Off Broadway Reviews
A musical about starry-eyed youngsters coming to New York with dreams of fame, fortune, and success is not exactly a new idea. Nor is it necessarily one that can ever be explored completely enough - New York, as a destination for those with hopes and aspirations of every conceivable kind, is always reinventing itself, so shouldn't musical treatments of that story do exactly the same thing?
The Taxi Cabaret is neither a new idea, nor a new show - the current New York Musical Theatre Festival production is its fourth incarnation. Luckily, except for a few minor references to the economy and the dot-com boom, it doesn't feel particularly dated, and it remains a generally amusing, enjoyable examination of the first year that six young adults spend living on their own in the Big Apple. That's the good news.
The less good news is that, for all the congenial charm that author Peter Mills has infused into the piece, it's a show so lightweight that it would crumple under the weight of a cream puff. Neither a revue nor a book a musical but occupying the treacherous middle ground in between, the show strains with all its might to be both at the same time, and succeeds at being neither. It's got a number of good songs, but they're only barely integrated into the story; we're expected to care about the characters, but their development ranges from the insufficient to the non-existent.
That's the most frustrating thing about the open-hearted show, which features some solid direction (by Cara Reichel), choreography (Marlo Hunter), and performances (Sebastian Arcelus, Alison Cimmet, Leo Ash Evens, Amy Justman, Jason Mills, and Simone Zamore) that never make sitting through the meandering show a chore. But don't waste much time thinking or feeling about whether author Scott (Evens) will find the ideal opening line for the novel he's writing, whether high-paid consultant Zach (Mills) will come out of the closet, or whether longtime sweethearts Mark and Sara (Arcelus and Justman) will stay together.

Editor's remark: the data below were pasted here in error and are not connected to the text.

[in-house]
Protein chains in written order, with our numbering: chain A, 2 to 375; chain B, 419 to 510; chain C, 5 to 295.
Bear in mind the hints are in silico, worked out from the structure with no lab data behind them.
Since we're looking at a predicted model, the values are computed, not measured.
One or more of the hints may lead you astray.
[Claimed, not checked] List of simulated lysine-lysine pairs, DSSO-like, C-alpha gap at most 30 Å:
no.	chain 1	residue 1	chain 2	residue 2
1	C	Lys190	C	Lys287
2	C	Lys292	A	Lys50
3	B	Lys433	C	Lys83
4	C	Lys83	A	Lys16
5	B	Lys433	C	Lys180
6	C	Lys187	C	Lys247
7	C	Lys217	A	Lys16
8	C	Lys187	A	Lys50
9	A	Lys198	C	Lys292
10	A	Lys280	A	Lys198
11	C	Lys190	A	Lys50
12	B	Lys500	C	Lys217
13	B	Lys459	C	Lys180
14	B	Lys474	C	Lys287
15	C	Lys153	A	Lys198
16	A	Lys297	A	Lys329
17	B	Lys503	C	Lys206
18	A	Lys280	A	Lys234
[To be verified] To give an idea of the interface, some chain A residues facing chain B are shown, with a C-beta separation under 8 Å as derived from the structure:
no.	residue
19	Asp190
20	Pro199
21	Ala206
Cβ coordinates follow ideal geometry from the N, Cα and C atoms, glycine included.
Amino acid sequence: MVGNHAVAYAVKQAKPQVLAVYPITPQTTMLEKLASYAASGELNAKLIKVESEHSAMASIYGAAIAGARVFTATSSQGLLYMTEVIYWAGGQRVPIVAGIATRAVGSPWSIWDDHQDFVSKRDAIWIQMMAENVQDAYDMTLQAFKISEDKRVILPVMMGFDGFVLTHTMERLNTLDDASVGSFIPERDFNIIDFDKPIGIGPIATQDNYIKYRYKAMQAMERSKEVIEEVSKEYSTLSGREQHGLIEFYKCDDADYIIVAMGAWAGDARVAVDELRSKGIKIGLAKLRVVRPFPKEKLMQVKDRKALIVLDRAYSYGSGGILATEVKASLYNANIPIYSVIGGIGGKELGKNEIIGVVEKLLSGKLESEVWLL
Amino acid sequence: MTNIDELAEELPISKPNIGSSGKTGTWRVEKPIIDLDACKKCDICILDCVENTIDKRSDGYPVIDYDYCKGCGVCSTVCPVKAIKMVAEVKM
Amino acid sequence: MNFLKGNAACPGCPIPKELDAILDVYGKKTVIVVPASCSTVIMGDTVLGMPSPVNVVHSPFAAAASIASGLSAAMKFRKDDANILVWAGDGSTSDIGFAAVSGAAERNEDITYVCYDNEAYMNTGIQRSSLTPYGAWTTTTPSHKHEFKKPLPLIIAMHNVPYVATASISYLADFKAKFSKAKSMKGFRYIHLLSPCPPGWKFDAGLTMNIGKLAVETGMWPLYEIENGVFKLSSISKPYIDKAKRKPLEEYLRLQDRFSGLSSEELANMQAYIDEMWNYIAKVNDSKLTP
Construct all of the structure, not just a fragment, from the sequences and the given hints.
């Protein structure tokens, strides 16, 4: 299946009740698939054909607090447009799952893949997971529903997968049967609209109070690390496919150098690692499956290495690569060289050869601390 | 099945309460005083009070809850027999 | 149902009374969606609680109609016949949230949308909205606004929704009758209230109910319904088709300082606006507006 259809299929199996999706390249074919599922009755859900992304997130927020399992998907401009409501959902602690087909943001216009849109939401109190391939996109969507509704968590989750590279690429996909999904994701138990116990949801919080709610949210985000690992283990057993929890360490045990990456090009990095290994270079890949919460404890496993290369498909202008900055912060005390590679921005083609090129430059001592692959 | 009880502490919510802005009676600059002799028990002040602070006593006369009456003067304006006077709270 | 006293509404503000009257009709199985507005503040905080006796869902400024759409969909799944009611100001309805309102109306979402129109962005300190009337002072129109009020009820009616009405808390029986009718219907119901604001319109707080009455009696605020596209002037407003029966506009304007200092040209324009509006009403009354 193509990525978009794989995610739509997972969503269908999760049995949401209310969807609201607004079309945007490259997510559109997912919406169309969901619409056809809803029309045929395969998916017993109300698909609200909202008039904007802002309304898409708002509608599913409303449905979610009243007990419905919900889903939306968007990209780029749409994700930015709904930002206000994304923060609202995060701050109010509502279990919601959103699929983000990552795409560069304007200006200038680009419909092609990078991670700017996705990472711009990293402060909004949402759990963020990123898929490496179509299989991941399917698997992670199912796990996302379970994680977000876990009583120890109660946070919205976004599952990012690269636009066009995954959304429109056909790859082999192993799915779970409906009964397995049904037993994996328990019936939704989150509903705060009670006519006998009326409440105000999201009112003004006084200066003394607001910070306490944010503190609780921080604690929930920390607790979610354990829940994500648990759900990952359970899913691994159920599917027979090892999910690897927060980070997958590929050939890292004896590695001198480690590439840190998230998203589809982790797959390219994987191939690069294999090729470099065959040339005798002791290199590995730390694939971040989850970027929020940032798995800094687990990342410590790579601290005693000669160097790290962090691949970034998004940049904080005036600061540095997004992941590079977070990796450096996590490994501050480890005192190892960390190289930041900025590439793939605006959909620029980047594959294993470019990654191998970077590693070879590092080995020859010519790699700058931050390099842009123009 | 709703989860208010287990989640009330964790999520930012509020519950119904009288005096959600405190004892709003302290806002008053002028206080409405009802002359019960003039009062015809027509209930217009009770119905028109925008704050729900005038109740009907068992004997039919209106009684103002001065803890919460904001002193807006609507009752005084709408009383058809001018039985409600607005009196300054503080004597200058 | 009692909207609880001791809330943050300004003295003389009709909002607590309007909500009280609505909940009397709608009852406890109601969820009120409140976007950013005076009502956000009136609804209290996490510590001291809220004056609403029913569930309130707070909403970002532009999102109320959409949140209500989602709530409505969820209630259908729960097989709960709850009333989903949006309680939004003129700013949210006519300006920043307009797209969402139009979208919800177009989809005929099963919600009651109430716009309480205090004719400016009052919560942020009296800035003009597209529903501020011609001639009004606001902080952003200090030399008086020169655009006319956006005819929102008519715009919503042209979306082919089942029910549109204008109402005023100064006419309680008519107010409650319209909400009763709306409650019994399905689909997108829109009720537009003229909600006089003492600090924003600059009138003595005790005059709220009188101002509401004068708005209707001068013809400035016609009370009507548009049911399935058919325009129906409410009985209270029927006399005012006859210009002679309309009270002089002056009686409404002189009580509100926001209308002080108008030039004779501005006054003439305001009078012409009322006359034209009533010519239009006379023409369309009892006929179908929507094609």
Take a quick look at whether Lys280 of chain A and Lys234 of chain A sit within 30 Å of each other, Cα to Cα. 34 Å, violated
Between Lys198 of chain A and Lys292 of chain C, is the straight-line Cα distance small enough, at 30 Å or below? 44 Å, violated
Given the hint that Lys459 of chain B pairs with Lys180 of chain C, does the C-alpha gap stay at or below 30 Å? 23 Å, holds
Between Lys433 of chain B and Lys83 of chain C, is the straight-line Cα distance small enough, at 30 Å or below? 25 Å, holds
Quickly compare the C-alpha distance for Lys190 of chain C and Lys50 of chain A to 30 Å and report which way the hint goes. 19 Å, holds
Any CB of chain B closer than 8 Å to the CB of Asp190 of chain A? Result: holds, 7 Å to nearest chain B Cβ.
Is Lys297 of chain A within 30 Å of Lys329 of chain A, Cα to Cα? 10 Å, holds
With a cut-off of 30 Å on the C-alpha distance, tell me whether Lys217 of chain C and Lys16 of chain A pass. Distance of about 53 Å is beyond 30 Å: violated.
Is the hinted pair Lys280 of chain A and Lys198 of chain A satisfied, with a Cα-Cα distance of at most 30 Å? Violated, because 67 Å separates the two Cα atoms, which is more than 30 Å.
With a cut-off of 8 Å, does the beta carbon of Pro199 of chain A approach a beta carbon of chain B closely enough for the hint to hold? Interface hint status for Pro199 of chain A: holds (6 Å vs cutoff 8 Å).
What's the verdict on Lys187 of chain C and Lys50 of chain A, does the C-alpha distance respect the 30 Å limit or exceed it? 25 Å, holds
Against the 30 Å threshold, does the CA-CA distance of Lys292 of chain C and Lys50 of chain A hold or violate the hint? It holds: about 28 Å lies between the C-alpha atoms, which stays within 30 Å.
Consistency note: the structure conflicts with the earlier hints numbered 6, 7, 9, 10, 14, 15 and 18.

Instead, just do your best to enjoy the sights and sounds along the way. Among the most pleasant entries: The nice opening number, "Chapter One," about first starting out in the city; "Little Do They Know," Scott's tribute to the "I'll show them" spirit so common to those who move to New York; and "The City Is New," about how your perspective on the city changes depending on the experiences you have there.
Mills's writing also occasionally veers toward the bizarre, with the first-act finale, which addresses the show's various plot threads in terms of the shifting continents (Cimmet's character, Karen, is a teacher); "Game of Life," which compares the ups and downs of real life with the classic Milton Bradley board game; and "The Purchase of Manhattan," a dream that convinces CC (Zamore) to give up her aspirations of being an actress and instead pursue a career in real estate.
Are these songs out of place? Yes and no. Their connections to the story are slight at best, but not considerably less tenuous than, oh, Zach's caveman-themed number "Way Ahead of My Time," in which he muses on coming to grips with his sexuality. But they're creative, well-written material; Mills has a flair for melody, and has provided some very attractive ones here, and his lyrics are often facile and clever without being overly dependent on unnecessarily intricate rhyme schemes. The Taxi Cabaret is nothing if not accessible.
It also has six strong performers with the right youthful energy and eagerness for their roles. Mills, drenched with self-importance and smarm, is the real standout, and makes real events out of his terminally silly numbers, "Way Ahead of My Time" and "Life in the E-Z Pass Lane." Justman is also quietly appealing during her relatively few moments in the spotlight, and gives Sara some welcome warmth. The delightfully numerous and elaborate costumes are by David Kaley; Rick Hip-Flores provides the musical direction.
But even if you can relate to what the show says about first love or finding your ideal career, the piece's structure - much closer to a cabaret act than a musical, hence the title - allows it little in the way of dramatic heft. Avenue Q, playing just a block away, deals with much of the same subject matter, but has a unique style and point of view that The Taxi Cabaret - despite the simple, smile-inducing entertainment it provides - sorely, and noticeably, lacks.
New York Musical Theatre Festival